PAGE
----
INLA and the Irish National Question (1998)

Submitted by Anon on 13 January, 1998 - 12:20 Author: Sean Matgamna

The Irish National Liberation Army, INLA, the group which sparked the current new wave of communal bloodshed in Northern Ireland by killing Loyalist Volunteer Force leader Billy Wright, considers itself more left-wing than the Provisional Sinn Fein/IRA. Most of its members and sympathisers consider themselves Marxists, some Trotskyists.
The INLA and the LVF, and the other “ultras” on both sides who advocate continued shooting and bombing, are small groups. Yet Bosnia, from 1992, showed how such small groups, once they have achieved a certain level of weight and impact, can trigger mass communal bloodshed. People at risk from such “ultras” are naturally driven to support the militant communalists on their own “side”, and that in turn brings bloodier retaliation from the other “side”.

We shed no tears for the sectarian assassin Wright. But what can INLA bullets win? The maximum possible result is a collapse of the slow and feeble process of peace talks, and a return to one degree or another of open communal civil war in Northern Ireland. The Catholic minority cannot win that civil war; and even if they could, their victory would mean only that Northern Ireland’s Protestants would be a trapped minority under a Dublin regime they saw as alien instead of its Catholics being trapped under a Belfast regime they see as alien. In practice all INLA’s efforts can bring to the people they claim to fight for, the Northern Ireland Catholics, is more death and repression.

INLA’s rationale is that revolutionaries should not do deals with imperialism. They should instead mobilise the greatest possible militancy and intransigence. But socialism is not nihilism. The shout of defiance and protest is the beginning of wisdom; but socialist progress is not made by raw rage, still less raw sectarian rage. INLA has in its time been responsible for sectarian killings no different from those done by Billy Wright and his associates. On 20 November 1983, for example, they machine-gunned the crowd at a Pentecostal gospel hall in South Armagh, killing three. Between INLA and working-class socialism there is much more than a theoretical dispute.

Struggle educates and organises, but not any struggle: struggle in line with the logic of working-class needs. Sectarian-communalist struggle, even if it is based on an oppressed community, disrupts organisation and befouls political awareness.

Before the rise of Stalinism, it was taken for granted in all Marxist debates on the question of national rights that Marxists could not outbid narrow nationalists on their own terrain. The Polish-Jewish Marxist Rosa Luxemburg wrote: “Social Democracy [meaning, in the terms of the time, the Marxist movement] does not distinguish itself through the magnanimity of its programmes and is in this respect constantly outstripped by Socialist Parties which are not tied by any scientific doctrine. These always have their pockets full of attractive gifts for everyone”. No other Marxist would have questioned this truth; nor did those, like Lenin, who dissented from Luxemburg’s opposition to “self-determination” for Poland dispute her criticism of the Polish “Socialist Parties which are not tied by any scientific doctrine” and which identified socialism with the most militant Polish nationalism.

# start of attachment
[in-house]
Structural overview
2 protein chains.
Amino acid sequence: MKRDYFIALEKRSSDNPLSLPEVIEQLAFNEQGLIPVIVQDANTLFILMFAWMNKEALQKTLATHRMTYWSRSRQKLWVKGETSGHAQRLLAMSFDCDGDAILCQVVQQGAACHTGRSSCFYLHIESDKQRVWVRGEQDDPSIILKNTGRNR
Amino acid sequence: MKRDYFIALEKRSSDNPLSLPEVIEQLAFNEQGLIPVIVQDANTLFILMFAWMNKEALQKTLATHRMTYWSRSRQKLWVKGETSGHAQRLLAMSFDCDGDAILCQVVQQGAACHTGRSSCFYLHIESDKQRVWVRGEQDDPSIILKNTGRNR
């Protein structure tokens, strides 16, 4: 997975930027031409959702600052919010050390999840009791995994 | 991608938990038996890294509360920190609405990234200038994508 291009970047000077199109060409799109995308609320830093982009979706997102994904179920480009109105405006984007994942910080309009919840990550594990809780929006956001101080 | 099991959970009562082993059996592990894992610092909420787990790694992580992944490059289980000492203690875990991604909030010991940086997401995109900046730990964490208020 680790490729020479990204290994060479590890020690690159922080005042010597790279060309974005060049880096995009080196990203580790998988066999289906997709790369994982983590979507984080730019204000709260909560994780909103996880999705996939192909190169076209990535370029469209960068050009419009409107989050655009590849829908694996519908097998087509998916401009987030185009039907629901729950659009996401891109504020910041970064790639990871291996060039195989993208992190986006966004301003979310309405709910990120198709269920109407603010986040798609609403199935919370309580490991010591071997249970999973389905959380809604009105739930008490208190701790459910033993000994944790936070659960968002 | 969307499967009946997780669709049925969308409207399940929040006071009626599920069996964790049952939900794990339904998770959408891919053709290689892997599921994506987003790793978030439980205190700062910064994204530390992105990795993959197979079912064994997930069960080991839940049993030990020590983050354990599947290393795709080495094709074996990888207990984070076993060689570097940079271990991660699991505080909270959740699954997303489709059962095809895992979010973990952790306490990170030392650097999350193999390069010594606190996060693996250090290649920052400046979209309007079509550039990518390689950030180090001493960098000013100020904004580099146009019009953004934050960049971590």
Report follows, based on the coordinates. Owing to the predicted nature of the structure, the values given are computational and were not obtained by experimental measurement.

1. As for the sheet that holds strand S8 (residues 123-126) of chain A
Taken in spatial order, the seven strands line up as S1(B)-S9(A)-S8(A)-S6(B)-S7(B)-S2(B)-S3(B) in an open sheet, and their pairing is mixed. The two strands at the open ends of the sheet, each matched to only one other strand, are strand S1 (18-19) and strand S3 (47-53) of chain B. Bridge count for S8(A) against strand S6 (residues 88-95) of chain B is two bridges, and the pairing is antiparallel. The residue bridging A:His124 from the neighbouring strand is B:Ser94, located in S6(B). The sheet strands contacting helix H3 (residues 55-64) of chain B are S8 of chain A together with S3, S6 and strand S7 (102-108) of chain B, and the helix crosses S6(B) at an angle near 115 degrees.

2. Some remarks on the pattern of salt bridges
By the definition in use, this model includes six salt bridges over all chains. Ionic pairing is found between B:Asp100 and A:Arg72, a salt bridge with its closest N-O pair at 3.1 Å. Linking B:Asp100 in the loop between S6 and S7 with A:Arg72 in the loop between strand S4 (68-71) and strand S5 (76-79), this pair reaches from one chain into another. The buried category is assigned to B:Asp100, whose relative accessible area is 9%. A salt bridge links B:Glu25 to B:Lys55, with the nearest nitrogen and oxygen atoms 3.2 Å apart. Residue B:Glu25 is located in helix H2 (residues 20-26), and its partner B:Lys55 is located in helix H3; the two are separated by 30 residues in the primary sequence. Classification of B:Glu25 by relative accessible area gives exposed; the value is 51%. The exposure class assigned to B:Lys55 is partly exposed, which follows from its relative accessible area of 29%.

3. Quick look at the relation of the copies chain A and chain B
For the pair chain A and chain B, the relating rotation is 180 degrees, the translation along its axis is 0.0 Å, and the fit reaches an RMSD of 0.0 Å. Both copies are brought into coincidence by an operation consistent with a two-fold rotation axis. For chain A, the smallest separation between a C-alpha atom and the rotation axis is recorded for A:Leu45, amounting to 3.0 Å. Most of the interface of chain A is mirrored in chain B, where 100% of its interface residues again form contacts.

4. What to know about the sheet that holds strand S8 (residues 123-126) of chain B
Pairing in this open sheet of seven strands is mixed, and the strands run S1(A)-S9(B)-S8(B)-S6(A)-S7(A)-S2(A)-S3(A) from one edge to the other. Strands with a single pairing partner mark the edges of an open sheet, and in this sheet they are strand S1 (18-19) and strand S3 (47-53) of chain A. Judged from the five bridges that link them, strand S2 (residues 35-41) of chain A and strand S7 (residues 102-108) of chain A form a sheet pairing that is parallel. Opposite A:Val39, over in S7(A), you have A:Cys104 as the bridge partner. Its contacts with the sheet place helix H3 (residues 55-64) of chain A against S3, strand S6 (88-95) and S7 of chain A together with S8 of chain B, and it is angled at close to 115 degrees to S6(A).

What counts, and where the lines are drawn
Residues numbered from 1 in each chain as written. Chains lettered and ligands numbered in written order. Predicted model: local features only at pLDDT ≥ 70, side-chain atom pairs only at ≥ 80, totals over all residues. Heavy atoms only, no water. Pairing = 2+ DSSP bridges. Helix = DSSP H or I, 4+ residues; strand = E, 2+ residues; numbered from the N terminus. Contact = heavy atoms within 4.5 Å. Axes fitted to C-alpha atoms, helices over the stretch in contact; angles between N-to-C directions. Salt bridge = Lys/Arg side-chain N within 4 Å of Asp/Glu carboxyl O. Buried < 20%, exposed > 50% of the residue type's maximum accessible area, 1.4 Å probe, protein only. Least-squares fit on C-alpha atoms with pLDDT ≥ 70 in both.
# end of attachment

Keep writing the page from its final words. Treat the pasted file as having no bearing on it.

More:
The version of Marxism which feeds into INLA was first developed in the mid-1920s. The leadership of the USSR and the Communist International — not yet a counter-revolutionary ruling class, but already bureaucratically distanced from the working class — sustained falsely hyped-up and administratively-decreed “revolutionary” perspectives by “seeing red” wherever there was agitation or tumult. It was in this period, for example, that the young Communist Party of Yugoslavia was swung round to call for the immediate and militant independence of all Yugoslavia’s constituent nations as a supposedly revolutionary-socialist cause — a programme whose disruptive logic for the working class would be catastrophically confirmed after 1991. In some of their later phases, the Stalinists hardened this approach into a corrupt dogma, as in 1929 when Moscow instructed the Communist Party of Palestine to reinterpret anti-Jewish pogroms as anti-imperialist revolution.

If Gerry Adams and Martin McGuinness and the other Sinn Fein leaders want a “historic compromise” with British imperialism, they should be opposed in the name of consistently-democratic working-class politics, not of nationalistic ultra-militancy. Adams and McGuinness are right in so far as they want to call off the war. Those who can see “revolutionary” and “anti-imperialist” scenarios in a renewal of communal war in Northern Ireland serve neither the working class nor the oppressed.

The parties linked to paramilitary groups that have called ceasefires — Sinn Fein, the PUP, and the UDP — remain communalist. When they concern themselves with workers’ interests, it is the interests of the workers of their “own” community. If they look to workers’ unity, it is a unity to be achieved by them first winning hegemony in their “own” community, and then doing deals with partners in the “other” community. But communalism that talks about compromises is better than communalism that shoots and bombs to try to break down the steel wall of the other community’s resistance — and better, especially, for the chances of retrieving socialist working-class politics, for workers’ unity based on consistent democracy, from its current extinction in Northern Ireland.